Originally Posted by DarkFlights
Might it be worth looking up photography copyright laws in your country?
Here in the UK, if someone is outside in a public setting, they have no right to NOT have their photo taken, and they do not own the copyright to their image. As someone who attends a lot of themed events in the course of my own work (not photography, but I talk to a lot of both amateur and professional photographers), I often hear people grumbling about "togs". But, fact of the matter here in the UK is that if you're in a truly public place (not a pub or a shop, but on the street outside, for instance), then you have no expectation of privacy under law and can neither stop photos being taken of you, nor claim copyright of them or your image.
It's possible you may have similar laws in the USA?
Other countrys other laws. If you would do this in Germany you would be in deep trouble.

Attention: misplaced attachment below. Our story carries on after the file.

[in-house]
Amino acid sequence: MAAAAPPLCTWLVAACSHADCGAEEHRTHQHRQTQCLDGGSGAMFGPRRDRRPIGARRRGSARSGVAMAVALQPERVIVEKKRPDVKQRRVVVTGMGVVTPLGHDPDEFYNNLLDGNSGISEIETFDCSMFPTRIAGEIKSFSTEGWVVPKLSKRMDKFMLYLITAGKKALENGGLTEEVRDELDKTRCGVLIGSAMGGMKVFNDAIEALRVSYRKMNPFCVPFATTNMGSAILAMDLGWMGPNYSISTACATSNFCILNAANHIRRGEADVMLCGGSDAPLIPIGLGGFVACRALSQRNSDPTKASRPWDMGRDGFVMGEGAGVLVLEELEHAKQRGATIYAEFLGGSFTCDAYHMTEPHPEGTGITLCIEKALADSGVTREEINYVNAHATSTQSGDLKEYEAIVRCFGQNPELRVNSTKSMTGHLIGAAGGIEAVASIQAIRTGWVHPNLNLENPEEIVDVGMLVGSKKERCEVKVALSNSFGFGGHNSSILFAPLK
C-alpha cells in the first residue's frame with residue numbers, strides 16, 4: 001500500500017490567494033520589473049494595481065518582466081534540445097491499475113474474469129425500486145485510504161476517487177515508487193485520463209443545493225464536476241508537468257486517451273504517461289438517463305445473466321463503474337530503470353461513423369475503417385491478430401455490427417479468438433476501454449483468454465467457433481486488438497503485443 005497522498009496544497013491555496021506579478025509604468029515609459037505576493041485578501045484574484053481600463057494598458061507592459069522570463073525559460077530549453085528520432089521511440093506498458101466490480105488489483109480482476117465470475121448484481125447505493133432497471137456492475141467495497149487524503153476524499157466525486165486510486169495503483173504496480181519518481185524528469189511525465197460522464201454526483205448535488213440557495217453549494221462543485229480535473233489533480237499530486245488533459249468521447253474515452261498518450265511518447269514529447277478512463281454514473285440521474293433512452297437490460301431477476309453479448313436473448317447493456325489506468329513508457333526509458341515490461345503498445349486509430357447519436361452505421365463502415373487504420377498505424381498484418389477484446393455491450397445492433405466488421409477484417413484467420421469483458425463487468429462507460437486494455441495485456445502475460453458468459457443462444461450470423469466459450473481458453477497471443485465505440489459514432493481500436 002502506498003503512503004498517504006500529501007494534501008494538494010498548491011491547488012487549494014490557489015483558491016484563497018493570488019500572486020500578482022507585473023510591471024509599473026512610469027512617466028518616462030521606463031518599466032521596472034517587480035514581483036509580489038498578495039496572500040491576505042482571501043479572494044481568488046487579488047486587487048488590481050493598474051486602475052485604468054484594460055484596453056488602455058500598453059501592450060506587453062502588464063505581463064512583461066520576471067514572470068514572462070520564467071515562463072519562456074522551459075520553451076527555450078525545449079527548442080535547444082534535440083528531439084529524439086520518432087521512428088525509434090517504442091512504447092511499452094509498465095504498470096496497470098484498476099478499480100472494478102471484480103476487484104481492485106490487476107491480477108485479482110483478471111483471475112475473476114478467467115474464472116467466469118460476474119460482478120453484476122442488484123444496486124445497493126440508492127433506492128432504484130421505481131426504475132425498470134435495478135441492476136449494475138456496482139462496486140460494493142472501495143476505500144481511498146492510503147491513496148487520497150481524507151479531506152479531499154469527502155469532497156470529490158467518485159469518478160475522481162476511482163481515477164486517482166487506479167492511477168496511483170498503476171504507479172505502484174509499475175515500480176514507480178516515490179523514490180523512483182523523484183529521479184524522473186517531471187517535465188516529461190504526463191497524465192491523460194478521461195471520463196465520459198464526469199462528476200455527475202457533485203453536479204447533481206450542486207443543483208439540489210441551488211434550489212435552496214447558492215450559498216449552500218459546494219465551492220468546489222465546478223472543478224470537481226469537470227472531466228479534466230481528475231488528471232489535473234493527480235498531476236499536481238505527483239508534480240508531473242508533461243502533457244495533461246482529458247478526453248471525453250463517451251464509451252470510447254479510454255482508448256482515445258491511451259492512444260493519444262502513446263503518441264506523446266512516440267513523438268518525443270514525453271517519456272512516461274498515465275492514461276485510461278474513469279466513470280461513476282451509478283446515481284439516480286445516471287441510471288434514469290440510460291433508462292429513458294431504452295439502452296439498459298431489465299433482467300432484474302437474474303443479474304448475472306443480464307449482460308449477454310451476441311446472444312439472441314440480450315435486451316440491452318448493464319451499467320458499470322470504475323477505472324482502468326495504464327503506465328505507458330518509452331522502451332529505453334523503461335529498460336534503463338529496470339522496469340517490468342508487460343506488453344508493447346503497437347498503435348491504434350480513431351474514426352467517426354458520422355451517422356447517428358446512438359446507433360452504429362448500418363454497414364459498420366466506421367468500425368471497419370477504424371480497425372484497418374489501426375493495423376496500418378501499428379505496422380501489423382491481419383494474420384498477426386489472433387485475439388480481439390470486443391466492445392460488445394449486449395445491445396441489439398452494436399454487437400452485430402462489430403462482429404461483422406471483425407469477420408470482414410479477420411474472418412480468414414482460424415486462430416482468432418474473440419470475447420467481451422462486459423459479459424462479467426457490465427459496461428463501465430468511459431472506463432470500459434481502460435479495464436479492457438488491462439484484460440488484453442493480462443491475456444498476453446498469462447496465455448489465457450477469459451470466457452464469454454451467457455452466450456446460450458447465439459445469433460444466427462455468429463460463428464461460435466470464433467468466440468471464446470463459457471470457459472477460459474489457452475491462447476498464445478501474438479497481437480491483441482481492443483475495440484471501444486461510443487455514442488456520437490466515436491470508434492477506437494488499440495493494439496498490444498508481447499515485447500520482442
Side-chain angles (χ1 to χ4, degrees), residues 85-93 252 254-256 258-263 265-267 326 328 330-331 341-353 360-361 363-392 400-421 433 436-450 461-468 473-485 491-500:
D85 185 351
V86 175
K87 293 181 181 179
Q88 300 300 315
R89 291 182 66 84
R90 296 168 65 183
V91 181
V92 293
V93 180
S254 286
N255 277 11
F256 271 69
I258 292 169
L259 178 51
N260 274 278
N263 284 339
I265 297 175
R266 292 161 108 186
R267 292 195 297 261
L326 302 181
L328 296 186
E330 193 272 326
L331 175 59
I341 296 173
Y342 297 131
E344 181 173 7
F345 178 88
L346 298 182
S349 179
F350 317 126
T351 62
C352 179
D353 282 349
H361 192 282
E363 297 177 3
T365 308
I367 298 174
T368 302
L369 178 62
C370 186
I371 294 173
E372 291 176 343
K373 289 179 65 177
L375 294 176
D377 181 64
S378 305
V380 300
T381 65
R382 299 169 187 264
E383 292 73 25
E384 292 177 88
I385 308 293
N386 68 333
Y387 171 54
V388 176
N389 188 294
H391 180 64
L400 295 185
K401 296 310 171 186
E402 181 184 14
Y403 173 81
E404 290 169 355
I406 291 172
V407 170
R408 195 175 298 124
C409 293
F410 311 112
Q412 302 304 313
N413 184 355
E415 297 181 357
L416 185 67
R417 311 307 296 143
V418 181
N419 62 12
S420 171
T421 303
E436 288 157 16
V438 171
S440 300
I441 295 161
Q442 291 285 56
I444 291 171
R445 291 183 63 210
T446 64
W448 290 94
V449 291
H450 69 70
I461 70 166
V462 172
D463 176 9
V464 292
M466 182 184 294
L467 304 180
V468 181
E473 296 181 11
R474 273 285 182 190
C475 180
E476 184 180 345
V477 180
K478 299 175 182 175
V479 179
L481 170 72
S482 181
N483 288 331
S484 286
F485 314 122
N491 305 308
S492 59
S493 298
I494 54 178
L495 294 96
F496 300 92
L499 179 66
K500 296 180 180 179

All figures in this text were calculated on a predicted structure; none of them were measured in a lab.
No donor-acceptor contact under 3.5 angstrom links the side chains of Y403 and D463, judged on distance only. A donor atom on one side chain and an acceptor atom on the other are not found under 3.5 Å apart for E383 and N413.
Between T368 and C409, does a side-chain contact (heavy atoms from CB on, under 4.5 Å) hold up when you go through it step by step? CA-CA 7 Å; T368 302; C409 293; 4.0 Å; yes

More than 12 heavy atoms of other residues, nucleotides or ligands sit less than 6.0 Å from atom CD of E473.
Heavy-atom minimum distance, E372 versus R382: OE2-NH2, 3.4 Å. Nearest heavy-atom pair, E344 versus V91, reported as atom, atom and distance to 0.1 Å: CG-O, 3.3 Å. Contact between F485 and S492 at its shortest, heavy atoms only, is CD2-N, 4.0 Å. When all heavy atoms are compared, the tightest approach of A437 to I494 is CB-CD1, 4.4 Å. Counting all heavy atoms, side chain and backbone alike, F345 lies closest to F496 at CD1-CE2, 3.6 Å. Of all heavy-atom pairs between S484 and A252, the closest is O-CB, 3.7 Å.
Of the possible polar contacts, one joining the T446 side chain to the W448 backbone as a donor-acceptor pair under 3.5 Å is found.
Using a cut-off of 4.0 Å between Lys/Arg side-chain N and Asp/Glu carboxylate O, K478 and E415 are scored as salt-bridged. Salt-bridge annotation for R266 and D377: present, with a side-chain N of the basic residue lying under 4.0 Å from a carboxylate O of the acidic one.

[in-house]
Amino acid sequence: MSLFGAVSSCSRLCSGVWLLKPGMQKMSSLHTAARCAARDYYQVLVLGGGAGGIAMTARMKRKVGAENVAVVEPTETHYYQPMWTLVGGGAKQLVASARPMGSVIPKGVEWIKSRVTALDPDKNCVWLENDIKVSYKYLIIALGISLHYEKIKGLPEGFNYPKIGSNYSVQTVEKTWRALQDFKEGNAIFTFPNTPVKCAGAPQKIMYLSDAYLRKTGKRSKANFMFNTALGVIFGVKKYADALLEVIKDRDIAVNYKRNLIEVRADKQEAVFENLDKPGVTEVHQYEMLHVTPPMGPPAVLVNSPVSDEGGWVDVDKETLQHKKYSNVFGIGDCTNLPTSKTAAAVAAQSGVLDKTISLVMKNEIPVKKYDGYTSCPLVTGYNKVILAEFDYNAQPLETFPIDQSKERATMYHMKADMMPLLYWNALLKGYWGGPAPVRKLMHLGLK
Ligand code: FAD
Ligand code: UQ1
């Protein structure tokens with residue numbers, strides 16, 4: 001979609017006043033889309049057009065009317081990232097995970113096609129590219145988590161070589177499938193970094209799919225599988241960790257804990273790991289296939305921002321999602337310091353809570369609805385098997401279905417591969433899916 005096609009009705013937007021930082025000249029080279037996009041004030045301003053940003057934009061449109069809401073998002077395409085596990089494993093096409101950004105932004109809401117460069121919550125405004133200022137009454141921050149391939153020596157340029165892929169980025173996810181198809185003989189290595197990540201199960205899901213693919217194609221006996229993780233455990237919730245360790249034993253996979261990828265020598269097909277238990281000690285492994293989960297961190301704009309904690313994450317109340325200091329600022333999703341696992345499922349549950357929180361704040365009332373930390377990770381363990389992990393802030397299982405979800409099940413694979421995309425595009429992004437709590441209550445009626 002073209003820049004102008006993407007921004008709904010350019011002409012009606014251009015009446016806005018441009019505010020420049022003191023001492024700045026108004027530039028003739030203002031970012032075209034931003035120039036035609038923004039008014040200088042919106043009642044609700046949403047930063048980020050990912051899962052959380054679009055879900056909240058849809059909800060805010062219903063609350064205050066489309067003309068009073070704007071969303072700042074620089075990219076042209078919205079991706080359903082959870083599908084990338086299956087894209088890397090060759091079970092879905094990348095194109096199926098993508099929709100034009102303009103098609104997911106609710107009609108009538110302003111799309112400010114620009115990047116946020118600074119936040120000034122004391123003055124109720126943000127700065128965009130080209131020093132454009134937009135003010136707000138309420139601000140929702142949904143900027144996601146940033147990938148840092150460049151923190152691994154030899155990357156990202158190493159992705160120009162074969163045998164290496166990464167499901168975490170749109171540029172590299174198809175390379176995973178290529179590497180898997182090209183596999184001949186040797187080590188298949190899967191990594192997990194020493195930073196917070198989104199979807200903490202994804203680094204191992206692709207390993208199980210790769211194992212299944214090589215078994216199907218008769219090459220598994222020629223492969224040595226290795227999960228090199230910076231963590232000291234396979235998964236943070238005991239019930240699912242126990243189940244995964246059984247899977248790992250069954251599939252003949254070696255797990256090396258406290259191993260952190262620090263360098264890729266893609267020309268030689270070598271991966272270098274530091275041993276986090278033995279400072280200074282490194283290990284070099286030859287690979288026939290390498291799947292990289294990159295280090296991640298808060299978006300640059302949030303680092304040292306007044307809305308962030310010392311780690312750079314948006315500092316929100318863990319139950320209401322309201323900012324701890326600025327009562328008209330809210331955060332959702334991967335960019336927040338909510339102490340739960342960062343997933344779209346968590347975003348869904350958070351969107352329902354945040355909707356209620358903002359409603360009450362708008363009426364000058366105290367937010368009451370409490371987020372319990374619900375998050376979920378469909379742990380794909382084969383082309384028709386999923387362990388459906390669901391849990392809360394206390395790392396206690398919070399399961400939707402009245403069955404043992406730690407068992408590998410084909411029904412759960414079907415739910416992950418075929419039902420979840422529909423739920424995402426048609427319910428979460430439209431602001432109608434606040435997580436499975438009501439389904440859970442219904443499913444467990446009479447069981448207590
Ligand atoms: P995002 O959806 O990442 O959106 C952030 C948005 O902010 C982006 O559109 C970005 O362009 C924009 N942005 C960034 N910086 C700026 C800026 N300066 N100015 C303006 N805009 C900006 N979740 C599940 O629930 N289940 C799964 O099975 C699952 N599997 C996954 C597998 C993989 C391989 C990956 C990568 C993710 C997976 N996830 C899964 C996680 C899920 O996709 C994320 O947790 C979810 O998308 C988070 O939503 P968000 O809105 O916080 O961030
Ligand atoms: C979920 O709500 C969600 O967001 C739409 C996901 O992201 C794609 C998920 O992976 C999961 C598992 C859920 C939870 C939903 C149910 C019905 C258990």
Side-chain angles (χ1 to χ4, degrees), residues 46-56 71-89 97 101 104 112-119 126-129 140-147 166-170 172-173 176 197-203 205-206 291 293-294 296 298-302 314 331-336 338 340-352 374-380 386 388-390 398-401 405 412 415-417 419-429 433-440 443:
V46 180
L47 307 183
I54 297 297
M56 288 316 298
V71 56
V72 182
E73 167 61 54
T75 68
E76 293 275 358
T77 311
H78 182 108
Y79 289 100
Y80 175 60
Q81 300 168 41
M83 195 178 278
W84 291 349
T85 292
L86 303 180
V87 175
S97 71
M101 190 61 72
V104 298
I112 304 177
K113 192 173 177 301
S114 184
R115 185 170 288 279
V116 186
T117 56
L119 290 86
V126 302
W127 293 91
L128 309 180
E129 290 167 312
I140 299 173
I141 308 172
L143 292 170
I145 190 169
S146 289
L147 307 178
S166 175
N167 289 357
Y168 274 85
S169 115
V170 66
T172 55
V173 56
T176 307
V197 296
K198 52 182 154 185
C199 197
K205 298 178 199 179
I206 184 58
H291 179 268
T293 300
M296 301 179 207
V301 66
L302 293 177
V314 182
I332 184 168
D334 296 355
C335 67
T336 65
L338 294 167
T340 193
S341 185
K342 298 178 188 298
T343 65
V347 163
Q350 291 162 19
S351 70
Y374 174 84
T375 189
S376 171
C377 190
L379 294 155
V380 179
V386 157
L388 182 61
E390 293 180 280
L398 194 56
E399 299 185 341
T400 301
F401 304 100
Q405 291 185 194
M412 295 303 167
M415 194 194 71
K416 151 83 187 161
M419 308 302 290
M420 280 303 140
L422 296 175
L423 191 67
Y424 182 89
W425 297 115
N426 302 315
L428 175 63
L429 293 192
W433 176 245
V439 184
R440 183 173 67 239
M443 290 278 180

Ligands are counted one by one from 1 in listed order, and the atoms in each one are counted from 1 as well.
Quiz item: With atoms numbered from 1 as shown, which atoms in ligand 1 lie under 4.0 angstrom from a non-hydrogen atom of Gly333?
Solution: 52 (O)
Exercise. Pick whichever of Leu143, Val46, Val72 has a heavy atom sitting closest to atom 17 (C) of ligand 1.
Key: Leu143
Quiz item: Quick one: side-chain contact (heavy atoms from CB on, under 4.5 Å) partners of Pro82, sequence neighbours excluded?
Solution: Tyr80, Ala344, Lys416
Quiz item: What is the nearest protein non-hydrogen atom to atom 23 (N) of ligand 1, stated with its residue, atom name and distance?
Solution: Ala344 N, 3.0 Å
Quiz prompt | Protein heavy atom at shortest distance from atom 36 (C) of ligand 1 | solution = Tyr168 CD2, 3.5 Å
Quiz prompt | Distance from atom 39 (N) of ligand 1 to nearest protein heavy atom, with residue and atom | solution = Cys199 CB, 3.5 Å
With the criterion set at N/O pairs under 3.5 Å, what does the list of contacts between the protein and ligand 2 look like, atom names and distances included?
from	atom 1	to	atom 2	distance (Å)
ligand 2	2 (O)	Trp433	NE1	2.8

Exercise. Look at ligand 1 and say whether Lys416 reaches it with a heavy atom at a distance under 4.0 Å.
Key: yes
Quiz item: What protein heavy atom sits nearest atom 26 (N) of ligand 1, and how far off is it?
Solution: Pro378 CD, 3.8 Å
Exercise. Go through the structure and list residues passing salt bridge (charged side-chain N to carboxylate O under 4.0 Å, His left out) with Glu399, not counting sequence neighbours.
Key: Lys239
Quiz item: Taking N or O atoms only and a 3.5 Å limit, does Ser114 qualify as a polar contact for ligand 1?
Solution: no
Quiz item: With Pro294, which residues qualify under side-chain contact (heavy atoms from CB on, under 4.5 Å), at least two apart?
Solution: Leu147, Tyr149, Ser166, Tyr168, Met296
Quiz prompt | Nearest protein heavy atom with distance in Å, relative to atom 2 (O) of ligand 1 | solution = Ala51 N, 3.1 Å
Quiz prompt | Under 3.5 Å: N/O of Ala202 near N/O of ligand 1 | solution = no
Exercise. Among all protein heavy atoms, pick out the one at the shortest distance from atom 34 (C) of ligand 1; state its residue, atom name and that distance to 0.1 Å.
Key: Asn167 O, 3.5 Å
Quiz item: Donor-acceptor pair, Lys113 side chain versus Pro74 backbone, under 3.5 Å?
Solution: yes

We have very few exceptions where you would not need the permission of the person(s) even if you take a picture of a of a group.
As an example if you would take a picture of of a landscape and that would be your focus and you can see some people that would just crossing over a street, that would be ok if the are accessory parts of it. If the group would be the focus of your picture then not.
However if you would take a picture of said group at some event like the G20 in Hamburg then it would be ok, again except your focus entirely on this group and not on the event.
There is another point that would be different, like if you would take a picture from our chancellor because persons of contemporary history (historic persons) has another exception rule to it.
It's a bit complicated and our law loves it.
In German there is a webpage that offers more insight: https://www.rechtambild.de/
about the issues here.
So publishing pictures without a proper model release can get your fast into trouble, adhortatory letters are quite common and even the first one cost money......